Growing up in the Magnolia State is an amazing experience. It’s also an experience that has a lasting impact on your life. Not so sure? Here are 10 surefire signs that you grew up in Mississippi.
- You know you have to cheer for either Ole Miss or State. It doesn't matter if you care about football or not, you have to pick a side. At all costs, avoid claiming you don’t care, or worse, cheering for both teams.
- You drink sweet tea like it's water. You were drinking it out of a mason jars far before it considered popular by Pinterest. #trendsetter
- Anytime you meet someone from Mississippi you can easily find a connection. Every time I meet someone from Mississippi, we talk until we have mutual friends. Bonus points if you can trace that friend to each other's specific hometown.
- Mississippi was one of the first words you learned to spell. And you learned how to spell it with the chant, "M-i-crooked letter-crooked letter-i-crooked letter-crooked letter-i-humpback-humpback-i.”
- You have been scolded for calling someone "Ma'am" or "Sir" because they were raised a bit differently. Meanwhile, you’re thinking to yourself, “Sorry you feel old, but if I don't say ‘ma'am’ my mom might appear from nowhere and passive-aggressively say it for me.”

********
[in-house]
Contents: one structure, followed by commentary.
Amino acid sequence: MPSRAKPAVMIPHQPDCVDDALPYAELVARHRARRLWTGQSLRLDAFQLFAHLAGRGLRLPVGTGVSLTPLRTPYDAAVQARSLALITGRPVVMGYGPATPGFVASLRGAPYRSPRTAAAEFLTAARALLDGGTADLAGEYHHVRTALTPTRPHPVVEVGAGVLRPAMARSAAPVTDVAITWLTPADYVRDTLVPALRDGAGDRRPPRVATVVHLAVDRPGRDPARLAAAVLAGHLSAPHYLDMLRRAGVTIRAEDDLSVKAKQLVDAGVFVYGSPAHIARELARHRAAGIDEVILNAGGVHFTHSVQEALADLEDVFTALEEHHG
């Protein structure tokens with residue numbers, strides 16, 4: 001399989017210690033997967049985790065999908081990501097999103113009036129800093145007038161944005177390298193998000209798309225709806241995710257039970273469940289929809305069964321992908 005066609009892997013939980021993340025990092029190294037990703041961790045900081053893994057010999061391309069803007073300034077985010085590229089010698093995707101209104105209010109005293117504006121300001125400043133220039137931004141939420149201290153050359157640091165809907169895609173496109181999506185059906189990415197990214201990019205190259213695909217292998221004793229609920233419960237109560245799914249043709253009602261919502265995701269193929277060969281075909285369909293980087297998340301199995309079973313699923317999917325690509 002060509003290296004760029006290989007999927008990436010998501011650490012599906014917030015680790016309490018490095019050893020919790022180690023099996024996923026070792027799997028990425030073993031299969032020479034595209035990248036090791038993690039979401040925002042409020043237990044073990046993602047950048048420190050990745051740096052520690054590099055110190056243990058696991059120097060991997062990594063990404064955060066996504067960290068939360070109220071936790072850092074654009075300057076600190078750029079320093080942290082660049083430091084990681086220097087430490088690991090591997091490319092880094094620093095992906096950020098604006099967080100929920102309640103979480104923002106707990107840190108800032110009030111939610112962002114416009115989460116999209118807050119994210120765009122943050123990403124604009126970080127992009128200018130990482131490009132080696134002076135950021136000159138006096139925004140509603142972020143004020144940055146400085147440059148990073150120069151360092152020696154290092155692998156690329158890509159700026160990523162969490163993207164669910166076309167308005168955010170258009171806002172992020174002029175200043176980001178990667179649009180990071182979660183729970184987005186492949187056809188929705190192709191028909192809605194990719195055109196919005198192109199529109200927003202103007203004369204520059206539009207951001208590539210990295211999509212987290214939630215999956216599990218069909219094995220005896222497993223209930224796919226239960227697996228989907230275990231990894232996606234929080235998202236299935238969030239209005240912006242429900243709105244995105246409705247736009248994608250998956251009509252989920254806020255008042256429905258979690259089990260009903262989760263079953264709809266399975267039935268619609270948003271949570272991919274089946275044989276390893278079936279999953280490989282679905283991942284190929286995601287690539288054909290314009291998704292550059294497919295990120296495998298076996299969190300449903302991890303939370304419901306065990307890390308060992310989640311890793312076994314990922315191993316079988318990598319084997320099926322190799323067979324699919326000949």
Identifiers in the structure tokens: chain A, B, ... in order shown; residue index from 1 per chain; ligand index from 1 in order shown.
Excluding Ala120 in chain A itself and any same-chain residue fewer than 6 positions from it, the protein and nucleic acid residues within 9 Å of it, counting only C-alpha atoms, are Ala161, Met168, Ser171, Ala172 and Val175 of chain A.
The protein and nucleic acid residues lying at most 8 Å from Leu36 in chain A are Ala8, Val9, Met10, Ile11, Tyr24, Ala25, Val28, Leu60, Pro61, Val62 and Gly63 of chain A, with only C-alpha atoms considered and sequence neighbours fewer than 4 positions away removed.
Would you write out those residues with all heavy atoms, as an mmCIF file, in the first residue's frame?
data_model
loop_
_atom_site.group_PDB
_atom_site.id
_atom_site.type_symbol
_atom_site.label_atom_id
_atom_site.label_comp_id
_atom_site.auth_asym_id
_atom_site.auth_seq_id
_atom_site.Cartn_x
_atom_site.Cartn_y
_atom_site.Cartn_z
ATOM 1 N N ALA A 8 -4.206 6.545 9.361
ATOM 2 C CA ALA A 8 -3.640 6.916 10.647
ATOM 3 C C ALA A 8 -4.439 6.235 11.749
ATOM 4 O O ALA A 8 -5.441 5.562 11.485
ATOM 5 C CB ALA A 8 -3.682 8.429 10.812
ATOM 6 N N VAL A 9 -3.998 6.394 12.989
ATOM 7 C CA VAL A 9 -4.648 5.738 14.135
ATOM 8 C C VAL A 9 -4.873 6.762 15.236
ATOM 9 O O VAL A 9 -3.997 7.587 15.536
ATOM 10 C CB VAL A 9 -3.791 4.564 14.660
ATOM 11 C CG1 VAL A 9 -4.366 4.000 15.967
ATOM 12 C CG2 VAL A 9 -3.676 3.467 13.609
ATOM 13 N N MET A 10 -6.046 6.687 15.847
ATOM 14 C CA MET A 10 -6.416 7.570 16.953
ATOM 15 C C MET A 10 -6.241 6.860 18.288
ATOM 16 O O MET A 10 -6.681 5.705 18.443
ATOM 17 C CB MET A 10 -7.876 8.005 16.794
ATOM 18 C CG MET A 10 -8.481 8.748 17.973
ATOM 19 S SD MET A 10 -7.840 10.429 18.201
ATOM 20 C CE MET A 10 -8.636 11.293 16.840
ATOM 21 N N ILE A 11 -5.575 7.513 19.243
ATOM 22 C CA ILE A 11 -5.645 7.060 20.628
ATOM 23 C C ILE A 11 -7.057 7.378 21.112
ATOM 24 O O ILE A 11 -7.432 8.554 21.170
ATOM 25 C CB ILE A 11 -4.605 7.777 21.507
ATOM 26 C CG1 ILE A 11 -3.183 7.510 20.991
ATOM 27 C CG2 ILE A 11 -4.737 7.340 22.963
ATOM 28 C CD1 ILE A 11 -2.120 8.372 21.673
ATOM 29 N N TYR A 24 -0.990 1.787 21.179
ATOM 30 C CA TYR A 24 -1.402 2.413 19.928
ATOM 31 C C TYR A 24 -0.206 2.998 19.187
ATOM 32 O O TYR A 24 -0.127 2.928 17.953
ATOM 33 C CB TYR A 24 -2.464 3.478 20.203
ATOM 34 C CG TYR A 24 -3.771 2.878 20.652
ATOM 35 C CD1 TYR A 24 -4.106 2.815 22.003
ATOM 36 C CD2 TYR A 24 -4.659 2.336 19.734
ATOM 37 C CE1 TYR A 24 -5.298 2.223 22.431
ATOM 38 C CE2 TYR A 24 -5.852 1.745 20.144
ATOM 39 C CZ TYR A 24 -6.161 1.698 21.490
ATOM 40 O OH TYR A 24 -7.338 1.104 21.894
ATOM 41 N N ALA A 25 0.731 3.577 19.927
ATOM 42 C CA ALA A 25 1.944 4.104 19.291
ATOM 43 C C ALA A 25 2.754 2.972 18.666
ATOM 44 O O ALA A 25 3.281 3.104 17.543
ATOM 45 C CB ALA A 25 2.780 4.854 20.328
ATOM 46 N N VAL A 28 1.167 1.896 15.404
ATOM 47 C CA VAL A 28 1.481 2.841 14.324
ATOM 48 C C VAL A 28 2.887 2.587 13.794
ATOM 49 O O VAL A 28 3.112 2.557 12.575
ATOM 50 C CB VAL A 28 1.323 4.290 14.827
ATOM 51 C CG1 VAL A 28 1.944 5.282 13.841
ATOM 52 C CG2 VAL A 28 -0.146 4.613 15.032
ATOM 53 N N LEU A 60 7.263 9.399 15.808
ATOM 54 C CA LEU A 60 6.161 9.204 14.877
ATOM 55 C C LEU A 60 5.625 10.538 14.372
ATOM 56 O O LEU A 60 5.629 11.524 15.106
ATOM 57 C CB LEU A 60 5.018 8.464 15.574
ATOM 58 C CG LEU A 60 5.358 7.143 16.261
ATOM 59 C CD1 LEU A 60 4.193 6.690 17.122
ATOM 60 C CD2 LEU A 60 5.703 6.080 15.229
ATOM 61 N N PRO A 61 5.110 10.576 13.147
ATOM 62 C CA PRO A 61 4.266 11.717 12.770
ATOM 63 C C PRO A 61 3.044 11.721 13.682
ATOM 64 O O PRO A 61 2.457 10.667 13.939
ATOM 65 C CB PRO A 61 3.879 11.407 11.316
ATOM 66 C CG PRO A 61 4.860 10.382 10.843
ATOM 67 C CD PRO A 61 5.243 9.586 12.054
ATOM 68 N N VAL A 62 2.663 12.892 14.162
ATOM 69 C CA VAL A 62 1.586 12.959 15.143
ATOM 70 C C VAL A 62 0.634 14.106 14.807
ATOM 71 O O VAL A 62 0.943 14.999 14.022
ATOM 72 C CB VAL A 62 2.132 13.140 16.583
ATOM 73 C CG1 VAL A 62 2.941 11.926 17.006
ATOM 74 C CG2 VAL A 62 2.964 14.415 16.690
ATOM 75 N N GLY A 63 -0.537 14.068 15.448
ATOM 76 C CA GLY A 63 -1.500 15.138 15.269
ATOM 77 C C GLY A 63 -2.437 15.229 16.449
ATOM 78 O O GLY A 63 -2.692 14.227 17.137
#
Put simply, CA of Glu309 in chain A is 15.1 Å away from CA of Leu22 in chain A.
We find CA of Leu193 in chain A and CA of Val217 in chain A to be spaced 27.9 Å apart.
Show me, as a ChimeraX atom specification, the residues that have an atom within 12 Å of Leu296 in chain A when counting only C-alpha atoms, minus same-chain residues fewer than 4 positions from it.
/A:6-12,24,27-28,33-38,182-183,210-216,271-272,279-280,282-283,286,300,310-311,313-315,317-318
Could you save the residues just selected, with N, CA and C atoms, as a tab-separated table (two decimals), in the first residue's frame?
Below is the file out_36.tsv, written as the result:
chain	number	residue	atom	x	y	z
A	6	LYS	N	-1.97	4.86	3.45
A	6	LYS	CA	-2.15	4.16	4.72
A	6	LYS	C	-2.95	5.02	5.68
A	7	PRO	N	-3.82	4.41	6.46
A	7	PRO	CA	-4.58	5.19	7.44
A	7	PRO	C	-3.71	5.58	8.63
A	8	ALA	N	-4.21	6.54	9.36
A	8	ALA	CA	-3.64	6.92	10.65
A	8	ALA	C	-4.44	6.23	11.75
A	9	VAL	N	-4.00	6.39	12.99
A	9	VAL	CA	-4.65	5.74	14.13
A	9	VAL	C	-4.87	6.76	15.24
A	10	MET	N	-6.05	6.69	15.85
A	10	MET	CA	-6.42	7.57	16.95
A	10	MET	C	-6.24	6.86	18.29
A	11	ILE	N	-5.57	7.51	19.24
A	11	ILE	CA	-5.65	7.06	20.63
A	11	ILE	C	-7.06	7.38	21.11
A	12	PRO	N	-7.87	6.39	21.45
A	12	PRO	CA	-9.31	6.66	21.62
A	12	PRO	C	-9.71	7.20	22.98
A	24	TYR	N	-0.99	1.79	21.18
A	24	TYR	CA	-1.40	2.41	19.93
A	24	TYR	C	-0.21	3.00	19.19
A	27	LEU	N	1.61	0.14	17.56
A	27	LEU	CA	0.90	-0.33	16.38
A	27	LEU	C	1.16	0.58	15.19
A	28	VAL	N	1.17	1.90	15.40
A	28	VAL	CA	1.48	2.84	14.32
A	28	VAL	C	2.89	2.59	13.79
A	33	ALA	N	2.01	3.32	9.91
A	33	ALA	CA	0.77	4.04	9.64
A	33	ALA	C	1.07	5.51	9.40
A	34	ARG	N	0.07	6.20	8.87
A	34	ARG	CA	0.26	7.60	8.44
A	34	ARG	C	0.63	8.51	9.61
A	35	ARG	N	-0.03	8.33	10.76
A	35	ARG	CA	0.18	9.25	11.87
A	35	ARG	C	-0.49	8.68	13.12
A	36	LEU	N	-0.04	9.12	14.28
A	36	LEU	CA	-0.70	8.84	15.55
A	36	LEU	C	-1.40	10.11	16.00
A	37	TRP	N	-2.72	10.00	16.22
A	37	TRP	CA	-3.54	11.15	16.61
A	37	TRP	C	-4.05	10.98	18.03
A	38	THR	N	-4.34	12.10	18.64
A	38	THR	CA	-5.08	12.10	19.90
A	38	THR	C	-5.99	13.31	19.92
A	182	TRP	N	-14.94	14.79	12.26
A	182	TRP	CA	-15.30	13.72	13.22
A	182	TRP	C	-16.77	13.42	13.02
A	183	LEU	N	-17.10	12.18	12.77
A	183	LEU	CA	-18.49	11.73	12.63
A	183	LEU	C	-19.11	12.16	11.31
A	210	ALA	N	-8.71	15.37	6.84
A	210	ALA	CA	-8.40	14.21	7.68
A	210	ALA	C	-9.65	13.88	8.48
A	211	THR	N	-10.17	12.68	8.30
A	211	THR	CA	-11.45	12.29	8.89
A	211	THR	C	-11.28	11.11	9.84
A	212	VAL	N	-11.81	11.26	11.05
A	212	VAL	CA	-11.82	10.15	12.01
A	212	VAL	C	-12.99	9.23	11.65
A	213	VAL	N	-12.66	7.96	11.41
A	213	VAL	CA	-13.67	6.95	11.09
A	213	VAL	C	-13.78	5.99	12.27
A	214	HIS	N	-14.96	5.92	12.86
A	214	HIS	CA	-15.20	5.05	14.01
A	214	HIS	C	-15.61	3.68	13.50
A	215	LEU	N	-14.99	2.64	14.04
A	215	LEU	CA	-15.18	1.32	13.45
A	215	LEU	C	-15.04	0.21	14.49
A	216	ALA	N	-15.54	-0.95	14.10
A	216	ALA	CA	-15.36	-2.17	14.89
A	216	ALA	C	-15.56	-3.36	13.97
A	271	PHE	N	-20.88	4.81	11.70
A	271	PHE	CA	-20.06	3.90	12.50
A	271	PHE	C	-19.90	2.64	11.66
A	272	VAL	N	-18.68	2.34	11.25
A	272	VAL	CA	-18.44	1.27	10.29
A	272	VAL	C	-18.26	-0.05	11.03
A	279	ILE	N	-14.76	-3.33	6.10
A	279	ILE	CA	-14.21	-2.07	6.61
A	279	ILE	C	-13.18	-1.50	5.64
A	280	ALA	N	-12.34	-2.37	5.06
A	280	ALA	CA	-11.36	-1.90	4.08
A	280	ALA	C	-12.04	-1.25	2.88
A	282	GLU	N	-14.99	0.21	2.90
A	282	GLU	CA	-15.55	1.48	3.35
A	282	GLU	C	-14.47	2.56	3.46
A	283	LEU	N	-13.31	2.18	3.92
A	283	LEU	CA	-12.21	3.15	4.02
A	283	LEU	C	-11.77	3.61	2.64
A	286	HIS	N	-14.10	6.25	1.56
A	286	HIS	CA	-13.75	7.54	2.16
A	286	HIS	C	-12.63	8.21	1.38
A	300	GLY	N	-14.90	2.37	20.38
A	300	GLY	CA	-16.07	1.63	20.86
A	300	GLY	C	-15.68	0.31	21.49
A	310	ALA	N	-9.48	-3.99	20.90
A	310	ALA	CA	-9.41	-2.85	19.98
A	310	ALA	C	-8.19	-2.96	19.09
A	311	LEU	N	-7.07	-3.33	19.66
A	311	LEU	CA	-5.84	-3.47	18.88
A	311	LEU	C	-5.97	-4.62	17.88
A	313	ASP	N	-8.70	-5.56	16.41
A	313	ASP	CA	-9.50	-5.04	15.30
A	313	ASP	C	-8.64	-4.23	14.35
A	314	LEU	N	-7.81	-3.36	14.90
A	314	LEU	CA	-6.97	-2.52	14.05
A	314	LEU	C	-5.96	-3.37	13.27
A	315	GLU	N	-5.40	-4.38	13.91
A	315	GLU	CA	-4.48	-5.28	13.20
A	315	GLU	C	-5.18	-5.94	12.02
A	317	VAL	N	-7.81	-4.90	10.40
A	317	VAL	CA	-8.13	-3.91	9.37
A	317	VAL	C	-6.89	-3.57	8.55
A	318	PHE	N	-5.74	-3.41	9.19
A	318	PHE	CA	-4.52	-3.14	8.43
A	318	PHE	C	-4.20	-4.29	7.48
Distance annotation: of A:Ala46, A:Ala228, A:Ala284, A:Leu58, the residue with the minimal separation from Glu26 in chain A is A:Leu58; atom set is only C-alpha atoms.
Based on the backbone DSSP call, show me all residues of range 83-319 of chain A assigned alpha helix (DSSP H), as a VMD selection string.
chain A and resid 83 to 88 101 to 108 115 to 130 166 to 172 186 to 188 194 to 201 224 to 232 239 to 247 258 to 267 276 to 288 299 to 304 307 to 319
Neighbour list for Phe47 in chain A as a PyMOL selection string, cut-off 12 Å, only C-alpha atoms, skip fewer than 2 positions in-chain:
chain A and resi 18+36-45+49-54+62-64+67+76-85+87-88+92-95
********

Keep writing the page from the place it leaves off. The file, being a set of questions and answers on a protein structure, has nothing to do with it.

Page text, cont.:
- You probably shot a gun before you drove a car. Down here, shooting is a common backyard afternoon pastime. Sure, some of us participate in the hunting seasons, but many were raised to aim for an empty can sitting on a stump. Once, our Communications Director, Blair, even shot little cherry tomatoes off of a stump, and let me tell you, her dad was never so impressed.
You have been covered in mosquito bites in the summer. No spray product guaranteed to ward off mosquitoes has ever successfully done so. If you plan to sit outdoors in the summer, especially at night, be prepared for the little red bumps that will inevitably appear on your skin before you go back inside. Scratching is forbidden, yet quite impossible to avoid.
- You either have or know several people with double names that roll off the tongue with a sweet and slow Southern drawl. You’re bound to know at least one Laura Leigh, Mary Margaret, Sara Catherine, Laura Elizabeth, John David, John Michael, William Henry, or Matthew David.
- Wednesday nights and Sundays are for church. Even if you don’t go to church, it plays a part in your schedule. Sporting events are never scheduled for Wednesdays and practices always end before five. Locally owned businesses are closed on Sunday, so Walmart is the only place to shop on Sunday.
- You love local. Locally grown vegetables, locally crafted goods, local everything. You love your state and take pride in supporting local.